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CRC60120: Glassywing Sharpshooter - PhD

This project developed an understanding of how the pathosystems may operate in Australia and determined what action to take, should either or both of the pest organisms arrive in the country. The knowledge gained will be used to make scientific and advisory recommendations in order to increase Australia's ability to deal promptly and appropriately with an incursion of either organism.

What is the biosecurity problem? 

The bacterium Xylella fastidiosa is likely to be an emergency plant pathogen incursion in Australia in the future. The pathogen is part of an economically devastating pathosystem involving the vector insect Homalodisca vitripennis, the glassy-winged sharpshooter. The bacterium is associated with many diseases including Pierce's disease in grapevines. The pathogen is widespread in America and is spreading to other areas of the globe. The geographic distribution of the pathogen in the Pacific Islands is currently unknown although the insect vector has spread to Easter Island, French Polynesia, Hawaii and the Cook Islands and is clearly capable of relocating long distances across the Pacific.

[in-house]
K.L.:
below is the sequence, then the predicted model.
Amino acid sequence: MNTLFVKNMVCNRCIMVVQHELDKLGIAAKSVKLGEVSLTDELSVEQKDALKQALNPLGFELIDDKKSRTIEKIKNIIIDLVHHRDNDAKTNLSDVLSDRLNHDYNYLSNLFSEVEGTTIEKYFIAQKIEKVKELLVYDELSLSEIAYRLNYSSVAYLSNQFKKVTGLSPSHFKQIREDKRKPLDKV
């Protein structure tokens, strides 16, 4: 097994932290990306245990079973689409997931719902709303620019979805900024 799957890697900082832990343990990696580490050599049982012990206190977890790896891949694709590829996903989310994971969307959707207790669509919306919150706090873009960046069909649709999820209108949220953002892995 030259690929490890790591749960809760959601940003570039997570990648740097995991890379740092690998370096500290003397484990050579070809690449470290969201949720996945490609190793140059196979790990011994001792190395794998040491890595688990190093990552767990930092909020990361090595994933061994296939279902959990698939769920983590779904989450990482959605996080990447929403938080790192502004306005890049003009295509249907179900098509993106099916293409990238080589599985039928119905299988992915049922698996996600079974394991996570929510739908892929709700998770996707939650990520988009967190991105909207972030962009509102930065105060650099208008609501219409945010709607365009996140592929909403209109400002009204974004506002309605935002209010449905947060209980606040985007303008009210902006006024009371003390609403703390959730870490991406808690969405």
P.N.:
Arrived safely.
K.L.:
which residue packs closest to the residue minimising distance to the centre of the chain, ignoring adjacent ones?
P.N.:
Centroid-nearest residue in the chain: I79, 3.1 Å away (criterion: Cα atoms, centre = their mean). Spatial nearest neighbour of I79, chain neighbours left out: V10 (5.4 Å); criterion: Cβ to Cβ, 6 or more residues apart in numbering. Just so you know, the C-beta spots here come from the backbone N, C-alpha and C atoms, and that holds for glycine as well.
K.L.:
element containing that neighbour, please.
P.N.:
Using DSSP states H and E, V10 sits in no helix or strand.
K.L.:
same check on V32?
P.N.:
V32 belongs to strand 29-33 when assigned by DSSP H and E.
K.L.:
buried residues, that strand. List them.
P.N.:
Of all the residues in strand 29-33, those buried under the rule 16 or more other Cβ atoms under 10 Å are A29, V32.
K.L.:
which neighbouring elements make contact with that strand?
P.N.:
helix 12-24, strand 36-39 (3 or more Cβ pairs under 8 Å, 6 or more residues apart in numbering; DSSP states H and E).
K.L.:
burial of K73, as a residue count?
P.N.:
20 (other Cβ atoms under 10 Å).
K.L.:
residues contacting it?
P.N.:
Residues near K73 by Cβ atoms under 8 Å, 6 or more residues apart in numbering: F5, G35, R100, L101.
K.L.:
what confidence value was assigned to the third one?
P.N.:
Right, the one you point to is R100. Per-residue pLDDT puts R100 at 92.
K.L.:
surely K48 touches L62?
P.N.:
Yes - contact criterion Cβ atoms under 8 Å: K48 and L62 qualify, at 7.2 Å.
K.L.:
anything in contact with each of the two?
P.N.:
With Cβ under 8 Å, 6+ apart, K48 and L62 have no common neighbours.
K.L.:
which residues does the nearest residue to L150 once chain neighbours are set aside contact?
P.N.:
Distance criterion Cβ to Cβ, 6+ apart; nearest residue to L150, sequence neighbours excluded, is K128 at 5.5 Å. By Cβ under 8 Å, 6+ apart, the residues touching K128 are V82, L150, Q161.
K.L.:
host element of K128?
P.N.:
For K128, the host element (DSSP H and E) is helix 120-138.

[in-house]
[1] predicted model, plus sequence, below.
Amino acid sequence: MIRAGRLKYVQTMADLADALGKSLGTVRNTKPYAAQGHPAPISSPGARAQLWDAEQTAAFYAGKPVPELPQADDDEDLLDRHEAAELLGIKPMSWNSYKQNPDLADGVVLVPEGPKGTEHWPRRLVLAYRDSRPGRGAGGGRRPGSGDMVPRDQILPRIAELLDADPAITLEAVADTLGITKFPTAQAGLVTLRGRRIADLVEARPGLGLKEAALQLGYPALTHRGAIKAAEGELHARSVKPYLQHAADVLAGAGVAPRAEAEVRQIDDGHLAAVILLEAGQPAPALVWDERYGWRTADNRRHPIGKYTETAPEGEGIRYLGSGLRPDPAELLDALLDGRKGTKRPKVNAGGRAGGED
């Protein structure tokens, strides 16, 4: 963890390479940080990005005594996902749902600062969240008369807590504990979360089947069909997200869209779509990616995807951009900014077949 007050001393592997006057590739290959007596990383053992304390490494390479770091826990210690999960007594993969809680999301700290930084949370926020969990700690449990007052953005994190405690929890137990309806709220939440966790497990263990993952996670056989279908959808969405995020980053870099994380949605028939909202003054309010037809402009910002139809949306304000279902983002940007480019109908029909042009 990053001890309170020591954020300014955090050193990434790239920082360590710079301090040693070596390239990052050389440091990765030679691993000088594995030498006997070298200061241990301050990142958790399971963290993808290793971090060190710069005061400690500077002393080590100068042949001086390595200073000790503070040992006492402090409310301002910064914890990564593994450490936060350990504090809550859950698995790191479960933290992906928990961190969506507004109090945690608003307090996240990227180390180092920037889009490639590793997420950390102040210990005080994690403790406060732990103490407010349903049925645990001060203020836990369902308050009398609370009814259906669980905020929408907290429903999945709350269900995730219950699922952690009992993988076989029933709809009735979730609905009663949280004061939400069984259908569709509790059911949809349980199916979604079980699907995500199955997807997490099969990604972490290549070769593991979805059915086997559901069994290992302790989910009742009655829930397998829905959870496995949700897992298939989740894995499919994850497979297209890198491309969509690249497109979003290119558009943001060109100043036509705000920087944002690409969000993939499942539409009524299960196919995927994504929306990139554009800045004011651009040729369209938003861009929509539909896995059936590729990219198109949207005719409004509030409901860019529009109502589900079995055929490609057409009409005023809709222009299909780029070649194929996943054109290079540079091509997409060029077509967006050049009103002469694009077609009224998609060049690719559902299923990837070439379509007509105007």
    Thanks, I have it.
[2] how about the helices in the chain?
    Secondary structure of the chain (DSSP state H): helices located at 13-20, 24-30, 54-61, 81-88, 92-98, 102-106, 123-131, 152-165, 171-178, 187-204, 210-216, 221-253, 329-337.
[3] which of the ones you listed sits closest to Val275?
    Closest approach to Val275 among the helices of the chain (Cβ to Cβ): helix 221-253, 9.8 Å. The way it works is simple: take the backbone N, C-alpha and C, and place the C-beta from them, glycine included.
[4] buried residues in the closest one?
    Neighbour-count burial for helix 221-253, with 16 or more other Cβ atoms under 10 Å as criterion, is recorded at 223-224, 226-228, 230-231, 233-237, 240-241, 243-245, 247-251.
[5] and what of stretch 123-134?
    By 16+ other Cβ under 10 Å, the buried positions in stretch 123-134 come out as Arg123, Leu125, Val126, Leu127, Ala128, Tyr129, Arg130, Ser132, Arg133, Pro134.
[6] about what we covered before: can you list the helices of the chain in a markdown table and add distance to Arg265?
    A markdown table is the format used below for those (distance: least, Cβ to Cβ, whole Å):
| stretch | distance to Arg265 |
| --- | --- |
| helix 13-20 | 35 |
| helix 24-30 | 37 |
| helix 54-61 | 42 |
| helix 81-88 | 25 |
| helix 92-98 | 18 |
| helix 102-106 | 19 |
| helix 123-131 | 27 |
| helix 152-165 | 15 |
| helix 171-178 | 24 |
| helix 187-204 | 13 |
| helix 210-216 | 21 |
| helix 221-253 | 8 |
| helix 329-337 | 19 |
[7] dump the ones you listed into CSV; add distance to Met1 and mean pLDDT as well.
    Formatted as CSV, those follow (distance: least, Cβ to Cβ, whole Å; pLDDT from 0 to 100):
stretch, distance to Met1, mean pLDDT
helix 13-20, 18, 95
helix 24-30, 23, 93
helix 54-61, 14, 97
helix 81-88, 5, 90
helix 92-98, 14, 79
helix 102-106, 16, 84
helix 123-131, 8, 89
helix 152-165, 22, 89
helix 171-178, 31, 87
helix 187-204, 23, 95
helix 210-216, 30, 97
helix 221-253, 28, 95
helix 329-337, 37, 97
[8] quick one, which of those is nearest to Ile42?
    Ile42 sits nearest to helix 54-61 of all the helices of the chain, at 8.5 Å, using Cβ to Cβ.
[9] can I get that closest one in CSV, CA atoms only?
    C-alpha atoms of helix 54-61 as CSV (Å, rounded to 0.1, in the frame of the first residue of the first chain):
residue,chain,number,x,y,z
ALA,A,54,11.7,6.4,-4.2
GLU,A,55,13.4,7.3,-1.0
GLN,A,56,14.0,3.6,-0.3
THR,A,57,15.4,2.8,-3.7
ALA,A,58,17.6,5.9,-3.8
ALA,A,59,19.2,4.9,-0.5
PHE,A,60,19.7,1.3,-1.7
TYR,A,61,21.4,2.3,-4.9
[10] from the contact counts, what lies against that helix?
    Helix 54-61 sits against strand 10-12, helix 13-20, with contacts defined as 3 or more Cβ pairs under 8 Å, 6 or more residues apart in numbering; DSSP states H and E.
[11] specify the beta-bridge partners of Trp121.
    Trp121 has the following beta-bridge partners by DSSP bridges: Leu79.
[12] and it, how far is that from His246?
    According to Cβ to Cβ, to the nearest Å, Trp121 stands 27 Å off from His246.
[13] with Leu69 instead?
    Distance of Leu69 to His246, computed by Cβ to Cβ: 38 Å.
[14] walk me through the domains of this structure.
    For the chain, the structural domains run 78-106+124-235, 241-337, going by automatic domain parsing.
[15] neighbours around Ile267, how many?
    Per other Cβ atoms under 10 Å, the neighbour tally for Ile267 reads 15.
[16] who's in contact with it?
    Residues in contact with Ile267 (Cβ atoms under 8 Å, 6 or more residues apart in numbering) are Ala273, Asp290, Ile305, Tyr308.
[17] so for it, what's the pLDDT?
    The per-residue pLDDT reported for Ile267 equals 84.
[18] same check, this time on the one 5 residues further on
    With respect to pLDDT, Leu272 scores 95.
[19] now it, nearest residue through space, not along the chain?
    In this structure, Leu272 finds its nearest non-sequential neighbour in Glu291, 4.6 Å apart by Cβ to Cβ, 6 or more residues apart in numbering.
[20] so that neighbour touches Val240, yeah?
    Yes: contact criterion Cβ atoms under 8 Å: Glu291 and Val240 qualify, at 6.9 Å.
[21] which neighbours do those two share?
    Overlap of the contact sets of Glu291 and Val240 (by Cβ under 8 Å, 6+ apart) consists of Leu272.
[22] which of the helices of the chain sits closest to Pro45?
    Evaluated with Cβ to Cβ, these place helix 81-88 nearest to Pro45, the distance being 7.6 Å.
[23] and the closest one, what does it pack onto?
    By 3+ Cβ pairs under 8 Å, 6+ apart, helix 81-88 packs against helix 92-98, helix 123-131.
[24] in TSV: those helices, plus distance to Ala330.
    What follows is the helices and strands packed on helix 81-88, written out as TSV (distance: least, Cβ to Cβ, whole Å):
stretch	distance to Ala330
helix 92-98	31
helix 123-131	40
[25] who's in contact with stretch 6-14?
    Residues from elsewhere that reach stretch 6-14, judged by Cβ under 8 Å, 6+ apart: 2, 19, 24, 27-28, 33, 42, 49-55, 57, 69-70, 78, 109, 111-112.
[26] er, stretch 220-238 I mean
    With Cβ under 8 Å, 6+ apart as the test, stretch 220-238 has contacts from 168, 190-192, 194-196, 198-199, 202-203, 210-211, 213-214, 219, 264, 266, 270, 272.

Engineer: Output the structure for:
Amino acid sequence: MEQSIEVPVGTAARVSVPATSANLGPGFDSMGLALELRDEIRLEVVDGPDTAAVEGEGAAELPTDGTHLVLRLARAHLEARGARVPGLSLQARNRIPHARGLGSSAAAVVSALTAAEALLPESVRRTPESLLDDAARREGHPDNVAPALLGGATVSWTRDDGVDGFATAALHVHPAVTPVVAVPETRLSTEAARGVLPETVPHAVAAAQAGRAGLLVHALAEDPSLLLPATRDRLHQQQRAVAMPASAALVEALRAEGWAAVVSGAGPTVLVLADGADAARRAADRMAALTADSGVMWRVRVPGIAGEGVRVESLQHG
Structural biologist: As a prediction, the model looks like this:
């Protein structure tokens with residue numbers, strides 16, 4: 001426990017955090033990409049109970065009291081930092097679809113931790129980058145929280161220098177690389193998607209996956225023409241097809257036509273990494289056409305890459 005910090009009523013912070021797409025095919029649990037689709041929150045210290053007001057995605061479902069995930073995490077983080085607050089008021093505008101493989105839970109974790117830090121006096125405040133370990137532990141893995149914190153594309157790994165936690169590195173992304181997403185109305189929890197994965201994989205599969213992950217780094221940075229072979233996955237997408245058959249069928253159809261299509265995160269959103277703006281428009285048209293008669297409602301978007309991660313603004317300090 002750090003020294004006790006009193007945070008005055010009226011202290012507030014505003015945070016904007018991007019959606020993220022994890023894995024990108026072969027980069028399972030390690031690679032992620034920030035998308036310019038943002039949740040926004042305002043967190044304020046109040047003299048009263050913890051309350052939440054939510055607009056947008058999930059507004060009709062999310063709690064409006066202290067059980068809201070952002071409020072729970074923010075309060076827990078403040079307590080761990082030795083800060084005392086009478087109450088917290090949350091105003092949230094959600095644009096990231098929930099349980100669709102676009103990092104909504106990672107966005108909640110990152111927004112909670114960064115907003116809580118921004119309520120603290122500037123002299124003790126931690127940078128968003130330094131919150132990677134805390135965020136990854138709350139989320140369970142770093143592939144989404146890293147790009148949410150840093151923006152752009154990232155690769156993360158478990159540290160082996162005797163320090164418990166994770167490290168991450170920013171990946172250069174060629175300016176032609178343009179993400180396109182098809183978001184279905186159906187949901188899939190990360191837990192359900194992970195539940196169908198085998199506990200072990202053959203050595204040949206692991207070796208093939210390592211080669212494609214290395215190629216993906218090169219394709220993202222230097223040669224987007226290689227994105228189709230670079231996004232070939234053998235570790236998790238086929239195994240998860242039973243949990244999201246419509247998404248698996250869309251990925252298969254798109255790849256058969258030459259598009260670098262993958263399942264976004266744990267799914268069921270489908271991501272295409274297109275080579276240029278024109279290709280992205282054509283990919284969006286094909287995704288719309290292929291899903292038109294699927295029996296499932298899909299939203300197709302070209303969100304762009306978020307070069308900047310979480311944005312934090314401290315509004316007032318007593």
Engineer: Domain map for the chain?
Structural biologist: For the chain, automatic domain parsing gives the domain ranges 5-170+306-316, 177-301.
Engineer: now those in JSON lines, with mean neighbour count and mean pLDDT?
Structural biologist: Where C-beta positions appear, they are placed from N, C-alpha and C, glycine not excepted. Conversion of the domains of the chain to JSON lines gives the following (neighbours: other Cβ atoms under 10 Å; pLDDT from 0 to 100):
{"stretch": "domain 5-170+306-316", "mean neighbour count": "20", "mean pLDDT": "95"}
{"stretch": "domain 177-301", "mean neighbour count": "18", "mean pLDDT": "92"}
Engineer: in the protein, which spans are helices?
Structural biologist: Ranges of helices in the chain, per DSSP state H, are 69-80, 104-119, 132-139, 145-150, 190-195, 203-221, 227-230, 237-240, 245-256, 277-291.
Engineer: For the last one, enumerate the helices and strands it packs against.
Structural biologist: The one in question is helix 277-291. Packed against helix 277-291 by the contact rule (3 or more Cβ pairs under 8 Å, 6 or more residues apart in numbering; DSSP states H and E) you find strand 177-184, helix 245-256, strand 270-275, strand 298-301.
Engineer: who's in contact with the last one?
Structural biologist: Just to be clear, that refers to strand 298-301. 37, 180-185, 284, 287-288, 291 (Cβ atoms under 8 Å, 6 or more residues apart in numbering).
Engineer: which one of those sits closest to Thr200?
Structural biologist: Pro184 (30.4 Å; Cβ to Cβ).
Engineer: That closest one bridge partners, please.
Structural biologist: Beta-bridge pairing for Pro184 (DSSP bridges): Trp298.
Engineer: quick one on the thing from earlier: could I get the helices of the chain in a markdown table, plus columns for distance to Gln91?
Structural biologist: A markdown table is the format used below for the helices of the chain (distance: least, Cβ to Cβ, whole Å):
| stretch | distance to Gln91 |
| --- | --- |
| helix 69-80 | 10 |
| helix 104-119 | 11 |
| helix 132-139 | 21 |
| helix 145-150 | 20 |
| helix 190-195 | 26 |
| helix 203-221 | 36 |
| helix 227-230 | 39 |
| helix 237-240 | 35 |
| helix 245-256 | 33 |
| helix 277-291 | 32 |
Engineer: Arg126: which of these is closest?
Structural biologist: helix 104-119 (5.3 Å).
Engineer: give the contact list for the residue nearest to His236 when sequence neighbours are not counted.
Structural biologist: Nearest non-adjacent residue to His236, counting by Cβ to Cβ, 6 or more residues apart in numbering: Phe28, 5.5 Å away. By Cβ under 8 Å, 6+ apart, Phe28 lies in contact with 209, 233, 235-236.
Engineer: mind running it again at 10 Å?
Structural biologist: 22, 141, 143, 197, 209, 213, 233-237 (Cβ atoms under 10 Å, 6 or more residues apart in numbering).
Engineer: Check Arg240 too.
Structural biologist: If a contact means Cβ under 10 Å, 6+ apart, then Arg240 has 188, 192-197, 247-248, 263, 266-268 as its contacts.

The project investigated how X. fastidiosa and H.vitripennis will behave under Australian conditions. In particular, the potential interactions between native Australian flora and fauna and the two pest species was be explored. It is critical to develop a greater understanding of the system as it would operate in Australia in order to minimise the economic impact of either species arriving. The pathosystem is a threat to a wide range of horticultural crops, and could have severe detrimental impacts for Australia's primary production.

The main outputs of this project were to:

  • establish the potential Australian native host plant range of H. vitripennis
  • establish the potential Australian native host plant range of X. fastidiosa
  • identify the native insect species currently established in Australia that have the ability to vector the pathogen
  • quantify the extent of symptomless X. fastidiosa infections currently in Australia, if any, and 
  • prepare scientific and advisory recommendations that will enhance Australia's capacity to deal promptly and appropriately with an incursion.

Who are the end-users of your research? 

AQIS, the government and the nursery and horticultural industries benefit from the advisory outputs.



Anna Rathe
Student CRC60120: Glassywing Sharpshooter - PhD

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Dr Leigh Pilkington (NSW DPI) and Professor Geoff Gurr (CSU)
Supervising Institution
Charles Sturt University
February 2009 – February 2012